New laws spark super warning

Superannuation fund members should look at their accounts before 1 July when a new law starts that requires funds to report and pay inactive low-balance accounts to the Australian Tax Office (ATO). 

This change is in accordance with new Protecting Your Super legislation, which has been designed to ensure that people with multiple accounts are protected from having their total super balance eroded by fees and insurance premiums that are charged by each superannuation provider.

Super providers will be required to identify inactive low-balance accounts as at 30 June and report and pay the unclaimed super money by 31 October 2019.

Where possible, the ATO will proactively consolidate these inactive low-balance accounts into a member’s active account, on their behalf. But fund members are encouraged to take control of their own nest eggs and place such sums where it best suits them.

SelectingSuper, a superannuation information portal published by Rainmaker Information, recommends that consumers review their existing superannuation accounts, which can be done via MyGov, to ensure that their superannuation money is consolidated into the active account of their choice.

“The devil is in the detail with this upcoming automatic consolidation,” said Giovanni Munoz, head of technical services at Rainmaker Information. “At face value, this is a good thing for many fund members, who are currently getting hit with an array of unnecessary fees and costs.

“However, the way in which the ATO has been instructed to allocate the inactive, low-balance funds could lead to some detrimental outcomes for many Australians.”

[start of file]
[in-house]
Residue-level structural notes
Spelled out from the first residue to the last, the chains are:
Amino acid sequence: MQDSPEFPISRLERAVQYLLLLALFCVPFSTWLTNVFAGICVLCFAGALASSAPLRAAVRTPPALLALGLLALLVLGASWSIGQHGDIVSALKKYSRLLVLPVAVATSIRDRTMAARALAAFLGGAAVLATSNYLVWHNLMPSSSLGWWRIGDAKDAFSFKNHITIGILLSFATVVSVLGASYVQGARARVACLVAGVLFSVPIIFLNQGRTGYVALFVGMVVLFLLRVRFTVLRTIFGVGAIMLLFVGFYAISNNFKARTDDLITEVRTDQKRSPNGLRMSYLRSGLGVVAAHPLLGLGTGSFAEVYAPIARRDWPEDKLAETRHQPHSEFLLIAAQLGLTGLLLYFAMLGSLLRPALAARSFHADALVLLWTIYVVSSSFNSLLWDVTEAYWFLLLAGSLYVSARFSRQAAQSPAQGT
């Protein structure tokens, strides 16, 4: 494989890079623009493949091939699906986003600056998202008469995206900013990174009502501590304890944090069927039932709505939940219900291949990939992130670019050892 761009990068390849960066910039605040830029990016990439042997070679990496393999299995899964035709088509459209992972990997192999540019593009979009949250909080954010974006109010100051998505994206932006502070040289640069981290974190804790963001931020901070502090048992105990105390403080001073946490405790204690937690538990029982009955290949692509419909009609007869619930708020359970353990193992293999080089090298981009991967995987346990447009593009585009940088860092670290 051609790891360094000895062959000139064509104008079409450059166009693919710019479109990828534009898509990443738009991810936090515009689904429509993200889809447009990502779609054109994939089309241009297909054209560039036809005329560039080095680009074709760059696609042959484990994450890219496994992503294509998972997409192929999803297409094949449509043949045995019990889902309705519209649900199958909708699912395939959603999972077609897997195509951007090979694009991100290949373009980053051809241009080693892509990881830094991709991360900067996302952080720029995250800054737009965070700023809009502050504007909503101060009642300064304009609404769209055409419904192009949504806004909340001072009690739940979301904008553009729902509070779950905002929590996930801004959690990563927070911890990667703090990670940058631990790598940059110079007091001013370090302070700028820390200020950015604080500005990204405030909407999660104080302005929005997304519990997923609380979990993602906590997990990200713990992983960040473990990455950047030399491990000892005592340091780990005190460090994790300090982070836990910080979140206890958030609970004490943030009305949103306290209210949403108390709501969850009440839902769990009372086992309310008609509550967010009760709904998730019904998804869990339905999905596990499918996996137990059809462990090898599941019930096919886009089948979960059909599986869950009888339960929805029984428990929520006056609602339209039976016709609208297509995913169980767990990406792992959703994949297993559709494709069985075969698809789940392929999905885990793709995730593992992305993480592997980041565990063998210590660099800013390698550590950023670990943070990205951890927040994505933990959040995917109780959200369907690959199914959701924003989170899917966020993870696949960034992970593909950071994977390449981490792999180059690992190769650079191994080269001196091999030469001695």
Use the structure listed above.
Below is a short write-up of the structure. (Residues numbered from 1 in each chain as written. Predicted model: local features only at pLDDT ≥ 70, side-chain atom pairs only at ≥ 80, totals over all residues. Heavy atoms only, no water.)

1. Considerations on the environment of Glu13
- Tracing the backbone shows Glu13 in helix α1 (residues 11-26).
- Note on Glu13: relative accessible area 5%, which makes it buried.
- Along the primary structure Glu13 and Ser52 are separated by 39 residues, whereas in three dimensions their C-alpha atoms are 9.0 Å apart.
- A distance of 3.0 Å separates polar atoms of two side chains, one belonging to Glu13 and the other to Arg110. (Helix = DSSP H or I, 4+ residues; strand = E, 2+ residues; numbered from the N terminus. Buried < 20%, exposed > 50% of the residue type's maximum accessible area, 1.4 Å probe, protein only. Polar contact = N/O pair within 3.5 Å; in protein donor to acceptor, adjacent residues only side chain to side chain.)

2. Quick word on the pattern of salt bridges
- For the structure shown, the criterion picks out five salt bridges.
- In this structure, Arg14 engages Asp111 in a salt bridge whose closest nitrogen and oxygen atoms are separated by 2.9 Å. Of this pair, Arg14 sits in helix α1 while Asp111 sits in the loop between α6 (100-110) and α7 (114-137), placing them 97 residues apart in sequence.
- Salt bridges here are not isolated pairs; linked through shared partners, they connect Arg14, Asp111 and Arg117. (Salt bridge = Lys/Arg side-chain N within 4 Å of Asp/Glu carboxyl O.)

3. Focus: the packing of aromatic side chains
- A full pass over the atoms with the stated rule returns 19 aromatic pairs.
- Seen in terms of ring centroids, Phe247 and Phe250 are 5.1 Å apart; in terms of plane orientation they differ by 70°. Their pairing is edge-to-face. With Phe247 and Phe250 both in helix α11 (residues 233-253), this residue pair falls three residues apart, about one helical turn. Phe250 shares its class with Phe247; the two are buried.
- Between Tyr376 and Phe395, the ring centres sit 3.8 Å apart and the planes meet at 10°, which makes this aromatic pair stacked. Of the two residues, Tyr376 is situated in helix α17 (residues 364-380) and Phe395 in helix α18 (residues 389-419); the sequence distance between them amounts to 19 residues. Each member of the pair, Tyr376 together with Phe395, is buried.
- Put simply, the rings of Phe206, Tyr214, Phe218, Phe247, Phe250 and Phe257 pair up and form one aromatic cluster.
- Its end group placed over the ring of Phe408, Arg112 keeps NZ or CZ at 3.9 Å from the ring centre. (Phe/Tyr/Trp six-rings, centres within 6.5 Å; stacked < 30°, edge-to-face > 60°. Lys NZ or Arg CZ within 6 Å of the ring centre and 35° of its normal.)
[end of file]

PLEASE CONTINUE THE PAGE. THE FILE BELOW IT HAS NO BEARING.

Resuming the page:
The ATO will locate all accounts that have balances of $6000 or less and have been inactive for the past 16 months. ‘Inactive’ means there have been no contributions or changes in investment or insurance options for 16 consecutive months.

Within 28 days of receiving a fund member’s money, the ATO will transfer the money to the member’s active account – if they have one and if the combined balance will be greater than $6000. If an active account can’t be found, the money will remain with the ATO until it is claimed by the individual.

“One element not considered in this move is performance,” said Alex Dunnin, executive director of research at Rainmaker Information.

“This should be a wake-up call for consumers to take another look at whether their fund is delivering performance that will set them up for the retirement they want.”

Recent Rainmaker Information analysis found that the best performing fund in the market earned double the returns of the worst performing fund over the 10 years to June 2018. This means that a poor performing fund could cost the average member more than half a million dollars over their lifetime.

“Although members will be saving in fees, they might now be in a situation where they are wholly invested in a fund that will leave them worse off,” Mr Dunnin said.

Members can review the best performing funds over three, five and 10 years on such sites as SelectingSuper and Canstar to ensure they are consolidating into a fund that best suits their retirement needs. 

Also from 1 July, funds must report and pay to the ATO twice a year:

  • unclaimed super of members aged 65 or older, non-member spouses and deceased members
  • unclaimed super of former temporary residents
  • small lost member accounts and insoluble lost member accounts
  • inactive low-balance accounts.

Are you sure you have kept track of all super funds? Do you welcome the new laws?

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Written by Janelle Ward


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